Tuesday, October 5, 2004
Child Pornography Evidence Against Ex-Judge Kline Reinstated
Ninth Circuit Rules Hacker Was Not Acting as Government Agent
By KENNETH OFGANG, Staff Writer/Appellate Courts
Evidence obtained by a hacker from former Orange Superior Court Judge Ronald C. Kline’s home computer is admissible in the federal government’s child pornography prosecution of the ex-jurist, the Ninth U.S. Circuit Court of Appeals ruled yesterday.
Reversing a suppression order by Chief U.S. District Judge Consuelo B. Marshall of the Central District of California, the panel said in an unpublished memorandum that there was no Fourth Amendment violation because the hacker was not an agent of the government.
The search was “illegal, but private,” the judges concluded.
Kline faces trial next year on the charges, which caused the demise of his career as a judge at the age of 61 two years ago. He was arrested after the filing deadline for the 2002 primary, but 11 write-in candidates filed to oppose him.
Kline finished second in the primary, and later obtained a court ruling permitting him to withdraw from the general election.
His attorney said it would be impossible for Kline to obtain a fair trial if voters were subjected to a continual airing of the charges in the heat of an election campaign.
Allowed to Withdraw
Judge David Yaffe of the Los Angeles Superior Court, sitting as an assigned Orange Superior Court judge, denied Kline’s bid to withdraw on that ground. But he later ruled that state law allowed him to drop out because he filed his request before the primary results had been certified.
Kline was also charged in Orange Superior Court with molesting a former neighbor when the accuser was 14 years old in 1979. The charges were dropped after the U.S. Supreme Court struck down California’s law allowing revival of time-barred child molestation charges under certain circumstances.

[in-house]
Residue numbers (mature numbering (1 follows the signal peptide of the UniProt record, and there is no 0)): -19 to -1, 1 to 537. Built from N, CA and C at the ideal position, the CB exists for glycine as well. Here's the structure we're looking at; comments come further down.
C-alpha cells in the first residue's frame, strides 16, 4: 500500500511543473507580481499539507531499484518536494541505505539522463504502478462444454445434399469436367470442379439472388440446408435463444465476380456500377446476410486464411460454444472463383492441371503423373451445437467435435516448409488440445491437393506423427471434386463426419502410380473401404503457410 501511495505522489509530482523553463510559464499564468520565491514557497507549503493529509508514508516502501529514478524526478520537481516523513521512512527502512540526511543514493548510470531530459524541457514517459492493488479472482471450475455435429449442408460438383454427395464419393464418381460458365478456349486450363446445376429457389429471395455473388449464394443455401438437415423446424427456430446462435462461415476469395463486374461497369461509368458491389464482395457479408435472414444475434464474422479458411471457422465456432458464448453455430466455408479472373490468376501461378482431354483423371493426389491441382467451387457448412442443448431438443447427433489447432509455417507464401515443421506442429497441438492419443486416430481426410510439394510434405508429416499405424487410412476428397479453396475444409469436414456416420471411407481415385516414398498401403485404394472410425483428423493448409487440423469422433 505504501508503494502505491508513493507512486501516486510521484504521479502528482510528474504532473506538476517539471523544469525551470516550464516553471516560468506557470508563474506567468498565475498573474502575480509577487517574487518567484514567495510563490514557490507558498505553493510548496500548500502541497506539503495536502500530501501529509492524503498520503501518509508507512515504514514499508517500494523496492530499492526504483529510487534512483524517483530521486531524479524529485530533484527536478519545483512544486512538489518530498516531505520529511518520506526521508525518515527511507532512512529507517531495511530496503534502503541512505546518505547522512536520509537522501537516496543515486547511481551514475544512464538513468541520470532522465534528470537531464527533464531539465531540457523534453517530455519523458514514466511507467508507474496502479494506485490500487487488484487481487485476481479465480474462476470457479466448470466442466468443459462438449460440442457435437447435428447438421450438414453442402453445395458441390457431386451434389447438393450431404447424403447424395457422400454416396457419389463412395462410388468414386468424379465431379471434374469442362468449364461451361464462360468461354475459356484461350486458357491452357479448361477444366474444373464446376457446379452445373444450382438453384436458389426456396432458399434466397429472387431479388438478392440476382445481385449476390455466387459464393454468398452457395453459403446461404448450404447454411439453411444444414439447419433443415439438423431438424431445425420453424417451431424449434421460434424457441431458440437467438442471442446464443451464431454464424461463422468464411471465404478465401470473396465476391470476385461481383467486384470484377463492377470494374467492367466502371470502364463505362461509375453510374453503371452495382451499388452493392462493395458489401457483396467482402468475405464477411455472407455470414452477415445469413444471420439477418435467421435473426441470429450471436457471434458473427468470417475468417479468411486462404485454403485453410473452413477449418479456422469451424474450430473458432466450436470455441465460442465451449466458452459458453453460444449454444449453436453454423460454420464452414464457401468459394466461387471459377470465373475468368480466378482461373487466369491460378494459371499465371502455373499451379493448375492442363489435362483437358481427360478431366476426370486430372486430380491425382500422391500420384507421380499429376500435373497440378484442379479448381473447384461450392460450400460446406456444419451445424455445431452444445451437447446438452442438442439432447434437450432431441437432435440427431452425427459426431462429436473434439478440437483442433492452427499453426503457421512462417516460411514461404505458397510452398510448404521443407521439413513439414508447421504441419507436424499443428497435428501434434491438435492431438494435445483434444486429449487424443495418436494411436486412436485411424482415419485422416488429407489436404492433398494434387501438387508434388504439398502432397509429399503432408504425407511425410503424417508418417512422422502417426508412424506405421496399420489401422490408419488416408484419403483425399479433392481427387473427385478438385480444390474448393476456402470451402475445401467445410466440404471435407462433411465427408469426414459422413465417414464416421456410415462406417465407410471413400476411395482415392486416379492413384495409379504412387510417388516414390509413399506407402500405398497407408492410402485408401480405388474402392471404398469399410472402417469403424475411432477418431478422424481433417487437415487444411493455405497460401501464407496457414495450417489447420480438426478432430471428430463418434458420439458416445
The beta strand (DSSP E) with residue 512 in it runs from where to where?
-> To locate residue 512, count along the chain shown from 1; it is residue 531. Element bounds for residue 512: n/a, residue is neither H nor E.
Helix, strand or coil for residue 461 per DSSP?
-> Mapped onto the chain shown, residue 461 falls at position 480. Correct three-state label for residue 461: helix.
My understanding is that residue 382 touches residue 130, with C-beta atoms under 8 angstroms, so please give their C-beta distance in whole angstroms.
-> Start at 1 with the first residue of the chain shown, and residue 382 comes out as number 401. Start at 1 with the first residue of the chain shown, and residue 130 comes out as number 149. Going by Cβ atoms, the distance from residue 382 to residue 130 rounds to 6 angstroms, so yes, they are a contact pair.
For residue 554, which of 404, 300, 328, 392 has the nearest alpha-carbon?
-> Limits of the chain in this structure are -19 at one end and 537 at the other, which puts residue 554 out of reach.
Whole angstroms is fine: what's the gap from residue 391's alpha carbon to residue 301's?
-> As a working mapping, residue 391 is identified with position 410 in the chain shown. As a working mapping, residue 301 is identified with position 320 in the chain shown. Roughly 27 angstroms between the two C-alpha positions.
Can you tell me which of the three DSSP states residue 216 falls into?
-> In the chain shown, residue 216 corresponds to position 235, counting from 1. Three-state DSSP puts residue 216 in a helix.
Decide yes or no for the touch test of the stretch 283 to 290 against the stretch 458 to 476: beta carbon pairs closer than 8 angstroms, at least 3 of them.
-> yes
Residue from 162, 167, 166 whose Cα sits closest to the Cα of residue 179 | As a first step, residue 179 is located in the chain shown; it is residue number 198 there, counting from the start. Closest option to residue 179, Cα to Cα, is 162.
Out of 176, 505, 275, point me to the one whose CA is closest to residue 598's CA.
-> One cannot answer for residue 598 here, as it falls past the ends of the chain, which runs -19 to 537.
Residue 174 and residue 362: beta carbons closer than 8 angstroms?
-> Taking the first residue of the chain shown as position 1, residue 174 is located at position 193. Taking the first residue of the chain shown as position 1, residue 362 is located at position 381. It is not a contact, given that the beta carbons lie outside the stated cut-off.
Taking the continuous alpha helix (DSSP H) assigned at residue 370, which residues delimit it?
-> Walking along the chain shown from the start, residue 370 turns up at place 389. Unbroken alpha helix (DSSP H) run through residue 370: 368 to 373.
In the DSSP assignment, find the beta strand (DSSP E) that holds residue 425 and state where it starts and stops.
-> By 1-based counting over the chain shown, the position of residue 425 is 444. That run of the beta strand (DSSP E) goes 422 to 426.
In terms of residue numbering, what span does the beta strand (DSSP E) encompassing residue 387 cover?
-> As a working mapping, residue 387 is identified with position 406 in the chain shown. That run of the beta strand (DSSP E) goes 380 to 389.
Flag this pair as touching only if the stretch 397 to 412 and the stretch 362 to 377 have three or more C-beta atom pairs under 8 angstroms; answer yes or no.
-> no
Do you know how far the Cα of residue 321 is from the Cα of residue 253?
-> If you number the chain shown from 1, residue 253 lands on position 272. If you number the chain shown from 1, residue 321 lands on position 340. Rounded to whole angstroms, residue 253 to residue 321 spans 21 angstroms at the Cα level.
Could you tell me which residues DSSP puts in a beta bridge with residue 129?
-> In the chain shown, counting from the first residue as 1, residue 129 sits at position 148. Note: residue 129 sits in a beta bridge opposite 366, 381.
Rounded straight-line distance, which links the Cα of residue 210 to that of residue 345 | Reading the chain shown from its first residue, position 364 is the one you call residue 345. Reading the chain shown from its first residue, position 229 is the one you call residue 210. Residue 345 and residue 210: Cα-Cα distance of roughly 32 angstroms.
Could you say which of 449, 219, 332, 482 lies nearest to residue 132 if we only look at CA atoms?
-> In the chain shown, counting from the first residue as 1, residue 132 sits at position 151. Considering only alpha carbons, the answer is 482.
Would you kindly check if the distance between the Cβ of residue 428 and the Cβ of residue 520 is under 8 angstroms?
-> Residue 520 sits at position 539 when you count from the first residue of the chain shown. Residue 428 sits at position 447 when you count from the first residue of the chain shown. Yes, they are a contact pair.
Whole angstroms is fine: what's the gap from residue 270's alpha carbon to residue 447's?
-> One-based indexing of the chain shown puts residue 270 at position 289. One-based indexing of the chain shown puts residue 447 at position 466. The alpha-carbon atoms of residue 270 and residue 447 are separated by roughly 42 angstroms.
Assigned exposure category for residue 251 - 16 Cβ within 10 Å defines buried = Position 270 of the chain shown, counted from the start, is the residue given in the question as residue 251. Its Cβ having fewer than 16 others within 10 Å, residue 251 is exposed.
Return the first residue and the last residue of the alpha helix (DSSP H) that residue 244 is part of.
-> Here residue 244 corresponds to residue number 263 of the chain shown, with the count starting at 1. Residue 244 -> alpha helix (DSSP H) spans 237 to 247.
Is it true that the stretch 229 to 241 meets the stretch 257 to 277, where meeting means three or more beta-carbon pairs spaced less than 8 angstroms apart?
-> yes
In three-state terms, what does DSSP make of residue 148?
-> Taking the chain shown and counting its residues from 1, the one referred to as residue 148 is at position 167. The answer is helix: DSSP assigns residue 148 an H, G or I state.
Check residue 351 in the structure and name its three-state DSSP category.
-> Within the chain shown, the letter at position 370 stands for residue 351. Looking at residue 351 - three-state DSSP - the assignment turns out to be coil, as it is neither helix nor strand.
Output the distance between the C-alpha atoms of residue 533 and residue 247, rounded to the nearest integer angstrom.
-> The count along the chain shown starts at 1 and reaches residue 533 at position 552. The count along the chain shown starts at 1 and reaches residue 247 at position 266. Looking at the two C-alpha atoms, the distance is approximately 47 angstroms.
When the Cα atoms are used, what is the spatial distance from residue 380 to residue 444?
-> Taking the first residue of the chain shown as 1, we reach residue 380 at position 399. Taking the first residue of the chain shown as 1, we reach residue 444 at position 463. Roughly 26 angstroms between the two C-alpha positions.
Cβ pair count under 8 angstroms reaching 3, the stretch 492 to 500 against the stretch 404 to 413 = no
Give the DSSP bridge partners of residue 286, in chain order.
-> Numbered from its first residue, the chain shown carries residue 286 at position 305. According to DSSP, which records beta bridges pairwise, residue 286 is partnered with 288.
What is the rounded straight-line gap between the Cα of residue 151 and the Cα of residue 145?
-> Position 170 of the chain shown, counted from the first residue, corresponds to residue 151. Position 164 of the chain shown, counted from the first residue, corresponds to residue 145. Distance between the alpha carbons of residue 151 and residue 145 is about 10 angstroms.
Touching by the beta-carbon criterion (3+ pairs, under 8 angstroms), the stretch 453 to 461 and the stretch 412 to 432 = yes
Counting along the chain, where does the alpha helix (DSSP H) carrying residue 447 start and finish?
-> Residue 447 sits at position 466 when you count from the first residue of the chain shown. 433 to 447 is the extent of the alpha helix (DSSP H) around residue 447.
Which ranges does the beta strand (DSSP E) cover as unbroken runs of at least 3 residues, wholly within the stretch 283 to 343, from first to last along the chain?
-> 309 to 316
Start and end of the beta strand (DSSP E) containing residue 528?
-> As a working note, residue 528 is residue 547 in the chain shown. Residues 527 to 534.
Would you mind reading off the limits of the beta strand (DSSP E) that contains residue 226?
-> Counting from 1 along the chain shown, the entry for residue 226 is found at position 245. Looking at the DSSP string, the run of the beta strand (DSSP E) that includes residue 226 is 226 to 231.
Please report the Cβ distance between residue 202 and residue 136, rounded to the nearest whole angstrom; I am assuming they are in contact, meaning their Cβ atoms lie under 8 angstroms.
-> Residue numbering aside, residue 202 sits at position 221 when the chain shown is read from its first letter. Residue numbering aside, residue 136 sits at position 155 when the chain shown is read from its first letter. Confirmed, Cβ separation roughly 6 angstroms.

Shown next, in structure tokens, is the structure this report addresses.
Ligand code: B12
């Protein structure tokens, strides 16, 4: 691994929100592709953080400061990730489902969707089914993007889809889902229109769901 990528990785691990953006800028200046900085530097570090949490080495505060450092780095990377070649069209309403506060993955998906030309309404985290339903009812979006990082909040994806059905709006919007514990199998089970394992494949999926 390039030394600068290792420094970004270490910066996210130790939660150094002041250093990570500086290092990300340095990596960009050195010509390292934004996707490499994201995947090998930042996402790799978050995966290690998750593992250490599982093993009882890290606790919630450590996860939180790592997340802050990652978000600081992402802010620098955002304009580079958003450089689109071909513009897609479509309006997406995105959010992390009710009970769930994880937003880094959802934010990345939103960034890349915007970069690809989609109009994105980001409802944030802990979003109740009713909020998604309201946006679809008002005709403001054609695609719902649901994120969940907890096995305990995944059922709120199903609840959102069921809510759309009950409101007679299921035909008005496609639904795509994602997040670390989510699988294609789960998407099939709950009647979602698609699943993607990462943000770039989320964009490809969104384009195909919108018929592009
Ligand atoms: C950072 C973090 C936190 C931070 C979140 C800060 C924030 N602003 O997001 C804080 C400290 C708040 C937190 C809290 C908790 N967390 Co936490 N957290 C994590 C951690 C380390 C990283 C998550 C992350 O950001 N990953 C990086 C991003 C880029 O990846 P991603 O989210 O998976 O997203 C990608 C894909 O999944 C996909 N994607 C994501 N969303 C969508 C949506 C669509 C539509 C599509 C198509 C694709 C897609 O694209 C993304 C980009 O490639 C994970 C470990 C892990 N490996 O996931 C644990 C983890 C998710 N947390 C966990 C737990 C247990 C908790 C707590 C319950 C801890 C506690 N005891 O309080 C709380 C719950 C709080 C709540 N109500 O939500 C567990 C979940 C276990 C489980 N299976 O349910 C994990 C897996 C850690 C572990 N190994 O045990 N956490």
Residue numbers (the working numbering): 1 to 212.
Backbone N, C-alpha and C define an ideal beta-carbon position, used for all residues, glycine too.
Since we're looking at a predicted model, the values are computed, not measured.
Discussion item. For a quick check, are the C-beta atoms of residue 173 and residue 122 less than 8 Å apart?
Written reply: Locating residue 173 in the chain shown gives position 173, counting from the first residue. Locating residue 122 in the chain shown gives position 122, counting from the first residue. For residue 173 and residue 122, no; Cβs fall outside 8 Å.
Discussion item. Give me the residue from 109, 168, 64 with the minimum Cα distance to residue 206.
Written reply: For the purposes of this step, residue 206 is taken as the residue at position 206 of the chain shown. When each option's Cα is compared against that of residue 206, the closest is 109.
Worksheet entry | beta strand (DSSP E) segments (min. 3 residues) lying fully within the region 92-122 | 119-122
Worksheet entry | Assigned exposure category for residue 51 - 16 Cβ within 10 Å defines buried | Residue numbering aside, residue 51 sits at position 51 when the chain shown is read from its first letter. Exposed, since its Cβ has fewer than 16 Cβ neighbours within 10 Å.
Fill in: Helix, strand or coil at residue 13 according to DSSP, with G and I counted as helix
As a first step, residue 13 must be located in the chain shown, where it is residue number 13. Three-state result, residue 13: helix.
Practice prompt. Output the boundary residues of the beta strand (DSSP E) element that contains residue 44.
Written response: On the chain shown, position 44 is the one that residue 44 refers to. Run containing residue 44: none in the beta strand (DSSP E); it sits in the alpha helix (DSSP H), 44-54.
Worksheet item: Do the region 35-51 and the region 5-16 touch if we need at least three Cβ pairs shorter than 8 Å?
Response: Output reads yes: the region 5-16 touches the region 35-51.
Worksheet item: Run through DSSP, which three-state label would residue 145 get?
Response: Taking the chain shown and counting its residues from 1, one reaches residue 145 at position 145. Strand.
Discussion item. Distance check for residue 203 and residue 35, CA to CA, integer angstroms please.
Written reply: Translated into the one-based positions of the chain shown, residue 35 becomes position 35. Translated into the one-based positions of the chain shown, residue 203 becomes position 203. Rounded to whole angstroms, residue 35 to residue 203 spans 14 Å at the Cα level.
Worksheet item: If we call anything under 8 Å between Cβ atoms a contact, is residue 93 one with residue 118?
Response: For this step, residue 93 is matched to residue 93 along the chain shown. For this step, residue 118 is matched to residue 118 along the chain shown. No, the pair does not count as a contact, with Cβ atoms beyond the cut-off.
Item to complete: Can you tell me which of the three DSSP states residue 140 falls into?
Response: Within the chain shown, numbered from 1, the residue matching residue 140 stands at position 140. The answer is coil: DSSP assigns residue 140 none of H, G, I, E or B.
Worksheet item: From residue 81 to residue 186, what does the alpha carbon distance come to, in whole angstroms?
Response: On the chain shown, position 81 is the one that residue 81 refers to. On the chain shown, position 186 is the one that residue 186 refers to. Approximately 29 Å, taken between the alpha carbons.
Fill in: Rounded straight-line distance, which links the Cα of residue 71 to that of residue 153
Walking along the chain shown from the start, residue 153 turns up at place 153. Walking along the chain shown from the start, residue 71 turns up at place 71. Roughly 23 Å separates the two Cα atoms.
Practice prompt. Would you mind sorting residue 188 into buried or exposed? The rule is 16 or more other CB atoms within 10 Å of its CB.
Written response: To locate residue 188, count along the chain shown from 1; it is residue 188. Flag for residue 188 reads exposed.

In the federal case, Marshall ruled last year that Bradley Willman of Langley, B.C., was acting as a law enforcement agent when he hacked into Kline’s computer, and that the resulting seizure of about 1,500 pictures of nude boys was unconstitutional.
Willman had attached a “Trojan Horse” virus to pornographic images of children on the Internet. The virus, which is downloaded onto an individual’s computer when that individual downloads an image to which the virus is attached, enabled Willman to open, alter, and download files on the infected computer.
Intent Not Enough
The Ninth Circuit panel, made up of Senior Judge David Thompson and Judges Barry Silverman and Kim M. Wardlaw, agreed that Willman acted with the intent to aid law enforcement. But that wasn’t enough to make him an agent of the government himself, the appellate judges said.
“A private person cannot act unilaterally as an agent or instrument of the state; there must be some degree of governmental knowledge and acquiescence. In the absence of such official involvement, a search is not governmental,” the panel said.
The judges distinguished U.S. v. Walther, 652 F.2d 788 (9th Cir. 1981). In Walther, which the panel yesterday said created a “narrow exception,” the court held that a search by a private citizen who had frequently acted as a paid informant for the Drug Enforcement Administration violated the Fourth Amendment.
The Walther court reasoned that even though the DEA had no advance knowledge of the challenged search, it “knew or should have known” that the informant “had made it a practice” to conduct illegal searches, and that the agency had acquiesced in that practice.
Willman, on the other hand, used the computer virus to obtain evidence from Kline’s computer before he contacted the Irvine Police Department, the panel explained yesterday. Marshall, the judges said, erred in considering Willman’s later contacts with police, in Irvine and elsewhere, as evidence that he was acting as an agent in conducting the search.
The case is United States v. Kline, 03-50349.
Copyright 2004, Metropolitan News Company